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There's something about the eeriness of a cold winter night.

For me, the perfect setting has always been winter. Maybe it's from my impressions as a young reader devouring Stephen King's The Shining. The winter setting is inviting and sterile and yet its hard and very unforgiving.

Perhaps it's the footprints left behind that's heading to a destination that leaves behind no answers... A cliff, a body of water or maybe fading away as new snow falls.

My darker side likes the spatter of blood, the drag marks as the body is being taken away and the unidentifiable footprints that belong to

a cryptid species that hasn't been discovered yet.

This is some of the ideas put behind White River Monster. Also, I wanted to make sure this new species had a look. As I started to conceptualize the creatures, artist Stephen Cooney took my description and tweaked it until we see what we have today, now drawn by Wolfgang Schwandt (The Devil Tree).

But, (there's always a but), in order to move a story with monsters forward, you need to have a solid supporting cast of humans. Whether or not they're killed off (which, knowing me, they will be just as you start to like them), there needs to be a reason why they exist and a plausible motivator to how their existence has remained so secreted.

Above is a panel from Ice Canyon Monster (hail the monsters!). The story takes place in Greenland. Yes, it's a frozen landscape and has a ton of cool characters as well. What we have going on here is some pretty awesome surf and turf. But in Ice Canyon Monster, I go deep towards the bottom of frigid oceans. Down there, a new threat comes alive with the assistance of a very capable Shaman.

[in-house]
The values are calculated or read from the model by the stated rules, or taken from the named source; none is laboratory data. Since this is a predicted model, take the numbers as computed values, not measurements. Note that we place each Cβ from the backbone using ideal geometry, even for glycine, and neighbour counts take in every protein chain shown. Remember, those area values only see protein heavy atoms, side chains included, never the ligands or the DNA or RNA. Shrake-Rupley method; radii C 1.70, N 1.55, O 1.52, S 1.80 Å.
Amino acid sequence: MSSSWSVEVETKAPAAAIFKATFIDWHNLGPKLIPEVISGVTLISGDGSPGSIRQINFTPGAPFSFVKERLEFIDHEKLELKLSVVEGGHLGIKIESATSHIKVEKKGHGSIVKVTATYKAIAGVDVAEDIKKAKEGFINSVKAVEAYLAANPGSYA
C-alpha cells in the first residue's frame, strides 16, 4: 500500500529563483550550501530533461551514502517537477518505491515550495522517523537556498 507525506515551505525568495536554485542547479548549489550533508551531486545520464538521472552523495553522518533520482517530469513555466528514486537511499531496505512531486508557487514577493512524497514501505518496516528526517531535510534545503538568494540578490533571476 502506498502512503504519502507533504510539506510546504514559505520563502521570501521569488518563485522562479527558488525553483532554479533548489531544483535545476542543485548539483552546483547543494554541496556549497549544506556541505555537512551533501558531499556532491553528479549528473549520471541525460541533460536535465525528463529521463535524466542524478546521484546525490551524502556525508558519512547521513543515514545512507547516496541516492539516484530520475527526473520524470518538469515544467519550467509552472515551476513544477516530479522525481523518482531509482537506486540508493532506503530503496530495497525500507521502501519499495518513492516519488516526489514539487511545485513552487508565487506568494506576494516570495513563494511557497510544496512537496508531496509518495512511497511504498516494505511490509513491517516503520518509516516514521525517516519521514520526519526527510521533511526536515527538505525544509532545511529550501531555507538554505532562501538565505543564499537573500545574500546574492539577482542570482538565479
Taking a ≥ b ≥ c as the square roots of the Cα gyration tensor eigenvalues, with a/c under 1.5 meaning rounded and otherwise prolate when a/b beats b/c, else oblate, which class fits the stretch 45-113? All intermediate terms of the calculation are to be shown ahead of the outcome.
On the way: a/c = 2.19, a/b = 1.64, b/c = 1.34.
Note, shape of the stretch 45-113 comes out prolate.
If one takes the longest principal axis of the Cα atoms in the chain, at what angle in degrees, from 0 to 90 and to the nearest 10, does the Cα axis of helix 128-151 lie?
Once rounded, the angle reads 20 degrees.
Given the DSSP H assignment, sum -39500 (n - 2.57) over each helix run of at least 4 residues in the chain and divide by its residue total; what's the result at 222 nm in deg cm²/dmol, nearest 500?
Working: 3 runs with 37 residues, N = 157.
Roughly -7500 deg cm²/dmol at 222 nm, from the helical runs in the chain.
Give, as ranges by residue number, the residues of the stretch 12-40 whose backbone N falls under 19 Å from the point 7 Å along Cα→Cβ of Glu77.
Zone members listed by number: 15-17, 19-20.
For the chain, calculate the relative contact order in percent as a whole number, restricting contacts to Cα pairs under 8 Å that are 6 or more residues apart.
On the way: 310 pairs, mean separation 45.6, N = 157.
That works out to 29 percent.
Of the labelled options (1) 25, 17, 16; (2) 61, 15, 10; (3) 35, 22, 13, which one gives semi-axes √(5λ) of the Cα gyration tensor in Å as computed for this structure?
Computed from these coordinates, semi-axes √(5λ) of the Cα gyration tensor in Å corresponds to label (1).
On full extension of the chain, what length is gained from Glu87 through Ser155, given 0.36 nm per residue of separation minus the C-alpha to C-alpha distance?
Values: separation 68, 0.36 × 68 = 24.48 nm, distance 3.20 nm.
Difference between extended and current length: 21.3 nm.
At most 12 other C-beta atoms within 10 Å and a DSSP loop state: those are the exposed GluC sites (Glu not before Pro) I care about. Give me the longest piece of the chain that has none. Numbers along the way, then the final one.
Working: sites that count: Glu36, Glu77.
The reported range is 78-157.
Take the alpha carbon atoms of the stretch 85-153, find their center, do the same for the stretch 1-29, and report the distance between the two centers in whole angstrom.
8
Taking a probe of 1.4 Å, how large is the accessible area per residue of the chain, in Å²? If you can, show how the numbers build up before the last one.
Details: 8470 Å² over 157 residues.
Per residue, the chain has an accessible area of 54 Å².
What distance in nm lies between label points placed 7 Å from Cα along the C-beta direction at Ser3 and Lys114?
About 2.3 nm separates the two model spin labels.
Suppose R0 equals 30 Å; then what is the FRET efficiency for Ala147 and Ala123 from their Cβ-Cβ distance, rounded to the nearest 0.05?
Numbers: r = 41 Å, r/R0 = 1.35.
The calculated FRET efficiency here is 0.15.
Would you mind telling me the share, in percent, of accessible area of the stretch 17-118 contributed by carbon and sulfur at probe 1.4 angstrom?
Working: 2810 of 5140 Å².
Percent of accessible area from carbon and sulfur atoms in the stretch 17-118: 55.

In this page (drawn by Jonnuel Ortega), you can see the Shaman (Akutak) conjuring his monster of vengeance and sending it into the Petermann Ice Shelf. It swirls in the rapids and gets spit into the ocean, creating a war in the waters and on the land!

So, what do these two stories have in common that I love? A few things actually. Although they're VERY different from each other, they both have really strong characters that move the story along rather nicely. They have monsters that aren't just mindless beasts killing for the taste of blood. No, they all have a plight that is rather unique to others monsters you've met in the past. And of course, they have the frozen terrain that I enjoy and deem to be the perfect setting. Please check out both titles and share your feedback. It helps me to know what you think. ~ Keith Rommel

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